While we still have to conclude our U20 hurling championship as well as our Minor competitions, I want to give a firm commitment that these Finals will be our top priority when our games can resume.
It is a cliché to say that we can’t have our games without referees, in this regard I want to thank all referees who along with their team of officials gave of their time and showed their great commitment to our games. Their task was not easy particularly in the early days of the resumption of our games, but as always they were equal to the task.
I wish to thank our Referees administration committee and our referees’ appointments committee for marvelous job they did in preparing the referees and ensuring we had a full turn out at all our games.
Some of the areas that suffered more than any in 2020 were Scór, Handball, Games for all and Infrastructure. But I know the resilience and commitment of the people involved will ensure that they bounce back stronger than ever when normality is restored. While the schools programme was probably hit worse of all, we can also use this opportunity to review, and improve, its games programmes into the future.
In the face of the most adverse external conditions possible, the split season was a huge success in 2020. I hope the split season receives the overwhelming support of Congress in a few weeks’ time and I believe it will really change the GAA landscape into the future, in a way that will be hugely beneficial for all.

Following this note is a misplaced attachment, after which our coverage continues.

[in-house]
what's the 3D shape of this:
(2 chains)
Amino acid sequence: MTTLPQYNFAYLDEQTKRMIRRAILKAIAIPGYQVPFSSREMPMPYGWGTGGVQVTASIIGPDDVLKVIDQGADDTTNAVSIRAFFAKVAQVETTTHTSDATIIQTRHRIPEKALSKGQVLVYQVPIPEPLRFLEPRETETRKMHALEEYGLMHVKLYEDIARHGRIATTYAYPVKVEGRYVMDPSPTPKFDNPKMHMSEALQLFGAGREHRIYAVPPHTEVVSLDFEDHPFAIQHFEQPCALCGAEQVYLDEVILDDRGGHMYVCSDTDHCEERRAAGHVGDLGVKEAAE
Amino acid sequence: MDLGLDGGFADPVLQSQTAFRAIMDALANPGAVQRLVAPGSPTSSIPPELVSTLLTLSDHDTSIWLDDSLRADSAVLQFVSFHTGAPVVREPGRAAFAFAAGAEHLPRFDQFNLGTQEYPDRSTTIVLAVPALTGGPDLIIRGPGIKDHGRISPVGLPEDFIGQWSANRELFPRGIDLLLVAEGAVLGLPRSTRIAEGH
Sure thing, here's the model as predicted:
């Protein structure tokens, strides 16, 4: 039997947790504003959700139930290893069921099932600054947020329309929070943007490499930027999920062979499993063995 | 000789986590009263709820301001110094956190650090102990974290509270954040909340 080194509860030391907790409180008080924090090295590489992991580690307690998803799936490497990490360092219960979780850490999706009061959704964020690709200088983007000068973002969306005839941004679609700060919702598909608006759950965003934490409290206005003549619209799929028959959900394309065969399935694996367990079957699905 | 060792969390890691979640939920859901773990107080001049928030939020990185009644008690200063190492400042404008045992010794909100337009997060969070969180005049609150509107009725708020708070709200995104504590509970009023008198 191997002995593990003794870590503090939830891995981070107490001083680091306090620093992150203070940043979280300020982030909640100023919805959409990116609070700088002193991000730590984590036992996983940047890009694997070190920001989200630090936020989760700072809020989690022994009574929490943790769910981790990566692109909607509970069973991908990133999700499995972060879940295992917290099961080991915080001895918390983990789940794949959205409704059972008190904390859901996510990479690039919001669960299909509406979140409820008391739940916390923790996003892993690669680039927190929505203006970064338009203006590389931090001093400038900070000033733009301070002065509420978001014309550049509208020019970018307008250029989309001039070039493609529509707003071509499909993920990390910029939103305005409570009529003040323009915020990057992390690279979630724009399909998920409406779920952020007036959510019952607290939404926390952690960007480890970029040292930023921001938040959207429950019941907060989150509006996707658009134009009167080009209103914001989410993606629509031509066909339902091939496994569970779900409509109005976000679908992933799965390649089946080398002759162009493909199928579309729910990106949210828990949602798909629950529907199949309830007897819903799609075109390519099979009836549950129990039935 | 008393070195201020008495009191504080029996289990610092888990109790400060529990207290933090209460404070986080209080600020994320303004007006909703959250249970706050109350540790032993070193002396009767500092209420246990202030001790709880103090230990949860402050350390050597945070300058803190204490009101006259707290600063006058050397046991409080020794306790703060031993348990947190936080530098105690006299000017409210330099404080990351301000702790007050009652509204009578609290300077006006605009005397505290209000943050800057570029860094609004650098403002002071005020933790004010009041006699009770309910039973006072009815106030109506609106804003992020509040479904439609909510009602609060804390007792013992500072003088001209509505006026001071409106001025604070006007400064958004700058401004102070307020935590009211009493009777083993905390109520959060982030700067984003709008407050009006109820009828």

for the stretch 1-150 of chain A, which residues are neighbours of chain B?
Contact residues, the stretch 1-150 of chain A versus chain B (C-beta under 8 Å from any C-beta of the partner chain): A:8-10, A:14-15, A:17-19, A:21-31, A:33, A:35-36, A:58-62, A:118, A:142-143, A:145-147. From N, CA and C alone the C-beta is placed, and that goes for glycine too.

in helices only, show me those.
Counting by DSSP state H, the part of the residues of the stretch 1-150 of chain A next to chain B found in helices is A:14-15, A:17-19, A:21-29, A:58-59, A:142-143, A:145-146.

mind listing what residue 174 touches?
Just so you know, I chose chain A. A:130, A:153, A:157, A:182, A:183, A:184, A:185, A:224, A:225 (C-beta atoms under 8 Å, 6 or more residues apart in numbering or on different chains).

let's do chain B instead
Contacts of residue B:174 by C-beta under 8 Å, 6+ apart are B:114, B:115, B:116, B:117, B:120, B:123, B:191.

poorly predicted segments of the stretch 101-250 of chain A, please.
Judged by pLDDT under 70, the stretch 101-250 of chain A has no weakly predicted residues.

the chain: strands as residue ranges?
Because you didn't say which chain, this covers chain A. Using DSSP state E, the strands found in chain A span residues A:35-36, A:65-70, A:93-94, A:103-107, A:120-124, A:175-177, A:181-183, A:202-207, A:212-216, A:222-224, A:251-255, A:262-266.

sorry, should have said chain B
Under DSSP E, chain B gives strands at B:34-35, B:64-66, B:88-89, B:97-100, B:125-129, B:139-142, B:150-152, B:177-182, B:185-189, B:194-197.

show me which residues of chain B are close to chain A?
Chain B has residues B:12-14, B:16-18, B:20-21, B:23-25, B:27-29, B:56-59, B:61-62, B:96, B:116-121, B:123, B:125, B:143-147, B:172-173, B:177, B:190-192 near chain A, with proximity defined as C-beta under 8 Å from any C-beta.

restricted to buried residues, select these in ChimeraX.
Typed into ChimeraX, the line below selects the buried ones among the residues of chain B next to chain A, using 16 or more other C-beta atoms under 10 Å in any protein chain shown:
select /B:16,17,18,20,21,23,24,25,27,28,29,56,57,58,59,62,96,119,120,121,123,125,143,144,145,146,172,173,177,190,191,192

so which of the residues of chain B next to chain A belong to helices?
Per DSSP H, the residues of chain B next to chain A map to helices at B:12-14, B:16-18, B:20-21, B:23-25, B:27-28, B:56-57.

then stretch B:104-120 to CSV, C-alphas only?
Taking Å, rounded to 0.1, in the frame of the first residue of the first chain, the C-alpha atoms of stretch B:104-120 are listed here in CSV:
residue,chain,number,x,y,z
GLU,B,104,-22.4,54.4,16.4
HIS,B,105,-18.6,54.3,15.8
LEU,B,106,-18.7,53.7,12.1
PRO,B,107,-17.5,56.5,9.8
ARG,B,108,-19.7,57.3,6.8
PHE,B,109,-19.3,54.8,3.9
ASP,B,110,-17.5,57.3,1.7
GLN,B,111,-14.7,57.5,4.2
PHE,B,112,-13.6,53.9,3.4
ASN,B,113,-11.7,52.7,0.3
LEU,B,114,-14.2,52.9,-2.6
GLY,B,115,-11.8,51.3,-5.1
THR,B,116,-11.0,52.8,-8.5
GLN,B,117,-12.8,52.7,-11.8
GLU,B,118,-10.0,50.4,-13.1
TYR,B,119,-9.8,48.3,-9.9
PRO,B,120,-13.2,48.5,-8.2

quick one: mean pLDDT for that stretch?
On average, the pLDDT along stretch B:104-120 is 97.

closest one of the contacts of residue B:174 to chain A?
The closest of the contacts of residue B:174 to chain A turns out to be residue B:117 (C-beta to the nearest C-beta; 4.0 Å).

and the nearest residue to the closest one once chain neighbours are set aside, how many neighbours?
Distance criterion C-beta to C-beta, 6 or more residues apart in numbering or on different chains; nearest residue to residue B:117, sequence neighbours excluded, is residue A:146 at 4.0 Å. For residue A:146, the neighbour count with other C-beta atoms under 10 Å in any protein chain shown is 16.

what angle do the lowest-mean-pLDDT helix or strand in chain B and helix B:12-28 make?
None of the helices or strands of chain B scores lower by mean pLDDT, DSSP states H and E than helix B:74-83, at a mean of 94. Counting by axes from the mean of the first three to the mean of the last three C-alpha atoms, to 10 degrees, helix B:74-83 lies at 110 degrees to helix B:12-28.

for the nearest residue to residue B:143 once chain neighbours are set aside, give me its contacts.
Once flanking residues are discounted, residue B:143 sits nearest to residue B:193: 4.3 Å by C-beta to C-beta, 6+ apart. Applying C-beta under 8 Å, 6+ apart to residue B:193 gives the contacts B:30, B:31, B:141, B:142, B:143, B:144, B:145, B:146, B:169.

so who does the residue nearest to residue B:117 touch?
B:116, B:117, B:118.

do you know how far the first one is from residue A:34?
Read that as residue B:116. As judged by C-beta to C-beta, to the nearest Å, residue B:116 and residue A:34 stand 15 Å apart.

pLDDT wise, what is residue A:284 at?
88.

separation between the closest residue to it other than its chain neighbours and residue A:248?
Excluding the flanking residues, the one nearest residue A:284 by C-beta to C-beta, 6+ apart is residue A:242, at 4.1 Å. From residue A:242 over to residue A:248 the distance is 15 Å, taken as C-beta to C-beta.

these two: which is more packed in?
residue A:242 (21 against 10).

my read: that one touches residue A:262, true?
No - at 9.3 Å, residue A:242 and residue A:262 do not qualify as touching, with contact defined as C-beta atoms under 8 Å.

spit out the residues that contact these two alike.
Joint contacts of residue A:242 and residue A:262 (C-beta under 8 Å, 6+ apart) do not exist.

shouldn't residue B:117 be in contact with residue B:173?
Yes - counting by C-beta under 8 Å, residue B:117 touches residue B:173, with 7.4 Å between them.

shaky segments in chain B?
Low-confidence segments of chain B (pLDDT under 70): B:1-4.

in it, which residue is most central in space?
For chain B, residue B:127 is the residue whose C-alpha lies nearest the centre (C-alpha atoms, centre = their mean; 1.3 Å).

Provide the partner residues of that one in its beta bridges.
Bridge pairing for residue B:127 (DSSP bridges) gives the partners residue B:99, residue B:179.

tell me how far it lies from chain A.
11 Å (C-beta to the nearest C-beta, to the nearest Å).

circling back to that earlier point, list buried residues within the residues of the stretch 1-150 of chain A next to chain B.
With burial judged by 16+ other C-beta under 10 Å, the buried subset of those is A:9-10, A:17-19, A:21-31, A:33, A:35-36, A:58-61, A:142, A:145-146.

Amid this positivity it is unfortunate that I must address a number of recent allegations that some of our county teams were training when strictly prohibited from doing so. It is extremely disappointing that team managements would put their players in such a vulnerable and dangerous situation at the height of the pandemic. If this is happening then it is something we cannot and should not tolerate. The GPA also have an important role to play. As a body who have a major role and a major responsibility in looking after the welfare of our players it would be very helpful if they made a public statement condemning any such activity and instructing their members not to partake.
One of my abiding memories of 2020 was the privilege of being in Croke Park on 21 November for the 100th anniversary of the Bloody Sunday killings. It coincided with the Leinster Football Final and it was an honour to be there to pay tribute to those who lost their lives on that fateful day.
It was fitting and poignant to remember the 14 victims who travelled to a match that day and never went home. Three children, a young lady, a player and nine other men, all innocent – all now remembered with respect, dignity and a rightful place at the fore of our history. And in remembering the victims of Bloody Sunday we also remember the many people who have lost their lives during this horrendous pandemic, and whose passing we were unable to mark with a traditional Irish funeral. They too are very much in our thoughts this evening.